Not that long ago I was grumpily scrolling through Facebook (or babybook as I had lovingly and begrudgingly renamed it) moaning about how many pictures of babies were ‘clogging up my timeline’; and now here I am, with a baby of my own, not only beating them, but joining them and actually going a step further. I am blogging.

I keep asking myself, “why on earth would anyone want to read your subconscious drivvle about your mundane life?” and I’ve come to the conclusion…most people won’t. But, in a time where our lives are saturated by the constant stream of ‘updates’, whether it be from friends, people we’ve not seen in 20 years or from strangers we pretend are our friends online, we often don’t have much choice over the content with which we are fed and let’s face it…quite often we simply don’t care. However, I figure that a blog is slightly different-you choose to read it! So if you have stumbled onto this website and are waiting for a funny anecdote about jagerbombs and all day Sunday drinking, you might want to pop back over to Facebore (and maybe scroll back through my timeline a few years).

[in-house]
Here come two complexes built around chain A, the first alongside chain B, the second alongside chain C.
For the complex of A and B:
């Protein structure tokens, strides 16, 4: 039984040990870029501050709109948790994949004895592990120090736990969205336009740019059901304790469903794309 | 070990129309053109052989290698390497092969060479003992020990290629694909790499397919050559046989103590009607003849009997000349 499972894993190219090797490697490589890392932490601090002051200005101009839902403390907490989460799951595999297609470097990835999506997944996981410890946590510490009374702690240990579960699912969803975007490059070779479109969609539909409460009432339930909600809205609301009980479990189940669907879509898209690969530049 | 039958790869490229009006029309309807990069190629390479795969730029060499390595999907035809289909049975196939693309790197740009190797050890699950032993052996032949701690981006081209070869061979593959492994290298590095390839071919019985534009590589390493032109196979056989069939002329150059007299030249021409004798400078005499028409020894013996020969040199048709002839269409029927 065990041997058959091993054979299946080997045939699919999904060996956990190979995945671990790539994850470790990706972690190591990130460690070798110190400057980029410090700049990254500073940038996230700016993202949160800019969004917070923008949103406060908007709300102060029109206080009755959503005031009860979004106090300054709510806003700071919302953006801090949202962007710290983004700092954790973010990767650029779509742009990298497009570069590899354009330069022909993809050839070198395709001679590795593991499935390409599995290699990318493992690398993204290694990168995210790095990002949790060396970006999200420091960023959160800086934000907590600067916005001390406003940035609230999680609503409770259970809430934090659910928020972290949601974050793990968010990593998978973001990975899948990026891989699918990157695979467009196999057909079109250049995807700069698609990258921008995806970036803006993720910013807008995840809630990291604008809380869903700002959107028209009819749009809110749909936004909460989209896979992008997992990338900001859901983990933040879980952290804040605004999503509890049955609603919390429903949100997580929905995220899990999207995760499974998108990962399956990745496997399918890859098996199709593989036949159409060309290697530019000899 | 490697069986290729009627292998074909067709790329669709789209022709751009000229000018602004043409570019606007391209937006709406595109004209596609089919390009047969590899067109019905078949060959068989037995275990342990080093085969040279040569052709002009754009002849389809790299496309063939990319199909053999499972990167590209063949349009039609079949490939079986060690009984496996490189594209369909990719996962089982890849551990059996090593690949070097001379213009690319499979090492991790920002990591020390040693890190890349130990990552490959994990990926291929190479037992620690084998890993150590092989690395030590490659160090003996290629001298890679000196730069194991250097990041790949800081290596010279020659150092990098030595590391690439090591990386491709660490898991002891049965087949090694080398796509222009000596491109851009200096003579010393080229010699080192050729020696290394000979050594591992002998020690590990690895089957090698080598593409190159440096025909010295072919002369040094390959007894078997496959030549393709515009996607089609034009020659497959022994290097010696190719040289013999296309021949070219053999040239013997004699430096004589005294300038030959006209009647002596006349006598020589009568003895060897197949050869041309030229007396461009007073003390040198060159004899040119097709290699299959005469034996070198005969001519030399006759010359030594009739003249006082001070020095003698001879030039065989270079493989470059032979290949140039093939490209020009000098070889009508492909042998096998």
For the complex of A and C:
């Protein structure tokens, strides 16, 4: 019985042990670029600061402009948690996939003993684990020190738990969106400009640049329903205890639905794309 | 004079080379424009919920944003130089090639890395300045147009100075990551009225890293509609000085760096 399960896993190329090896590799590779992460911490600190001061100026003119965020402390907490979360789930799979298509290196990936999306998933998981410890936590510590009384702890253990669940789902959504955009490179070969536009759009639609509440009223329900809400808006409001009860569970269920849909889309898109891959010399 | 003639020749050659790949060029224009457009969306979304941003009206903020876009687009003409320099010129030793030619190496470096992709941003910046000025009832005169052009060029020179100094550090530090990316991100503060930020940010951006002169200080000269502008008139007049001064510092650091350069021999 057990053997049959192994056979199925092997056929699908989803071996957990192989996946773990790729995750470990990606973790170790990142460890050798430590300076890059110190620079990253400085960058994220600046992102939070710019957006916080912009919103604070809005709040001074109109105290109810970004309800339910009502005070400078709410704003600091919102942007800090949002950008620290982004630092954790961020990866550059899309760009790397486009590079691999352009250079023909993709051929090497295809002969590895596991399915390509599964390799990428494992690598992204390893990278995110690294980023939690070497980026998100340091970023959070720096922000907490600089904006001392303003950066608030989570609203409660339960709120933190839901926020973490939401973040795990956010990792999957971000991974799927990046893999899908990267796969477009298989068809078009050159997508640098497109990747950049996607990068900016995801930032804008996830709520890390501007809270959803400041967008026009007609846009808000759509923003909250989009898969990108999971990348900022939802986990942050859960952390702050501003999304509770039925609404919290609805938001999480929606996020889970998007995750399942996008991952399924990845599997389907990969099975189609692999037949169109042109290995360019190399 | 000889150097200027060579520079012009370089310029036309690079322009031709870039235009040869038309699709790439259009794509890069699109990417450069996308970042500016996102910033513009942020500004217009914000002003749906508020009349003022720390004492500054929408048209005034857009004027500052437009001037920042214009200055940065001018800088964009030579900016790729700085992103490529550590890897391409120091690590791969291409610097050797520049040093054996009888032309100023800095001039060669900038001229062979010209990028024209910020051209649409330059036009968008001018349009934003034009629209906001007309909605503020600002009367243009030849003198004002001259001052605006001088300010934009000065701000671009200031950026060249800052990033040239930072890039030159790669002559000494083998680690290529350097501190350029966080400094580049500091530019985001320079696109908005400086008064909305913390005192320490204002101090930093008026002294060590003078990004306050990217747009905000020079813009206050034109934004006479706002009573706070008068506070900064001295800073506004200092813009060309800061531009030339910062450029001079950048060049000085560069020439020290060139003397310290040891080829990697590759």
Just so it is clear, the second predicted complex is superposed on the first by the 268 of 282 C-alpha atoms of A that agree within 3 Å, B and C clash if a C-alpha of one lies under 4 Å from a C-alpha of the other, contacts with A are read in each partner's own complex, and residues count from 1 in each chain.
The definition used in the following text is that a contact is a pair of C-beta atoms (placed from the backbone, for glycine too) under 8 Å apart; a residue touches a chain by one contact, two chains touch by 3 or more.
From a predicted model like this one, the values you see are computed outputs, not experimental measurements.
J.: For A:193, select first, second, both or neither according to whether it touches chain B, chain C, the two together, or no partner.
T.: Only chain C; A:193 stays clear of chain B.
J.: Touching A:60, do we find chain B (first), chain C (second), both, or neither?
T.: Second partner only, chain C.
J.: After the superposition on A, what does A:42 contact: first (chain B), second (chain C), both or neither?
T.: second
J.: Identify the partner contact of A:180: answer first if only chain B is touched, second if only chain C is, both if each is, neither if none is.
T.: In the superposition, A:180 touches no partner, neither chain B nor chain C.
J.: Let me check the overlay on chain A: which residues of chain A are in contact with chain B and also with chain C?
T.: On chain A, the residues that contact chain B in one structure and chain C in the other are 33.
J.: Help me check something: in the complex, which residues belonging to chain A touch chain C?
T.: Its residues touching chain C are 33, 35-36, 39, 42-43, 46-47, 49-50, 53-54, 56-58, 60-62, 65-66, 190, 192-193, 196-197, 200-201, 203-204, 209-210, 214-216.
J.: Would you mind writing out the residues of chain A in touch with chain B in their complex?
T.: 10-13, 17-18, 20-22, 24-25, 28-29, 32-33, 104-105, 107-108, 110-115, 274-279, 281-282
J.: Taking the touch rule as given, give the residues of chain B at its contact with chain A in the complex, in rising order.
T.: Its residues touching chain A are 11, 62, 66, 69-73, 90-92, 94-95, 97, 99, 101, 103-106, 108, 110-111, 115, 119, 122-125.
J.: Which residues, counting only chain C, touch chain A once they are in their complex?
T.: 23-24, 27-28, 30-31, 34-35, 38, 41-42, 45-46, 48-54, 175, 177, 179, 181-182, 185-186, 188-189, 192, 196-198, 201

I think the world of blogging has become a safe haven for those people who have something to say but don’t want to break the strict but unsaid rules of social media. Mainly Facebook. The first rule of Facebook? You don’t talk about Facebook. No wait, that’s not it. The first rule of Facebook is you do not talk about…CHILDREN. If you break this very simple but very strict rule, you are at risk of being permanently ostracised by all of your friends without kids, who will use the excuse that ‘she’s changed’ and the ‘unfollow but remain friends’ button will become synonymous with your name. I know this because I was one of those twitchy fingered ‘unfollowers’. Facebook is the school playground of social media…if you wanna be one of the cool kids then keep your updates about your child progeny to yourself and stick to the safe topics-pub, food, birthdays and humorous videos of dogs falling over.

Twitter is not such an issue as it’s slightly more transient and let’s face it, who can fit their daily sleep related battles into 140 characters anyway.

As for Instagram, the amount of likes I was receiving from Latvian women ‘looking for a friend to share the long nights with’ drove me to private my page and lock it down! I probably contravene all of the social rules when it comes to instagram as it is full of pictures of my daughter but I think Instagram is for family and the etiquette police are slightly less gung-ho than on Facebook!

So, that brings me back to my blog…the only safe place to unleash my thoughts in the social minefield. So I’ll try not to break any blogging rules (are there any?!), work on my etiquette and hopefully keep you enthralled. Right…

Are you sitting comfortably…?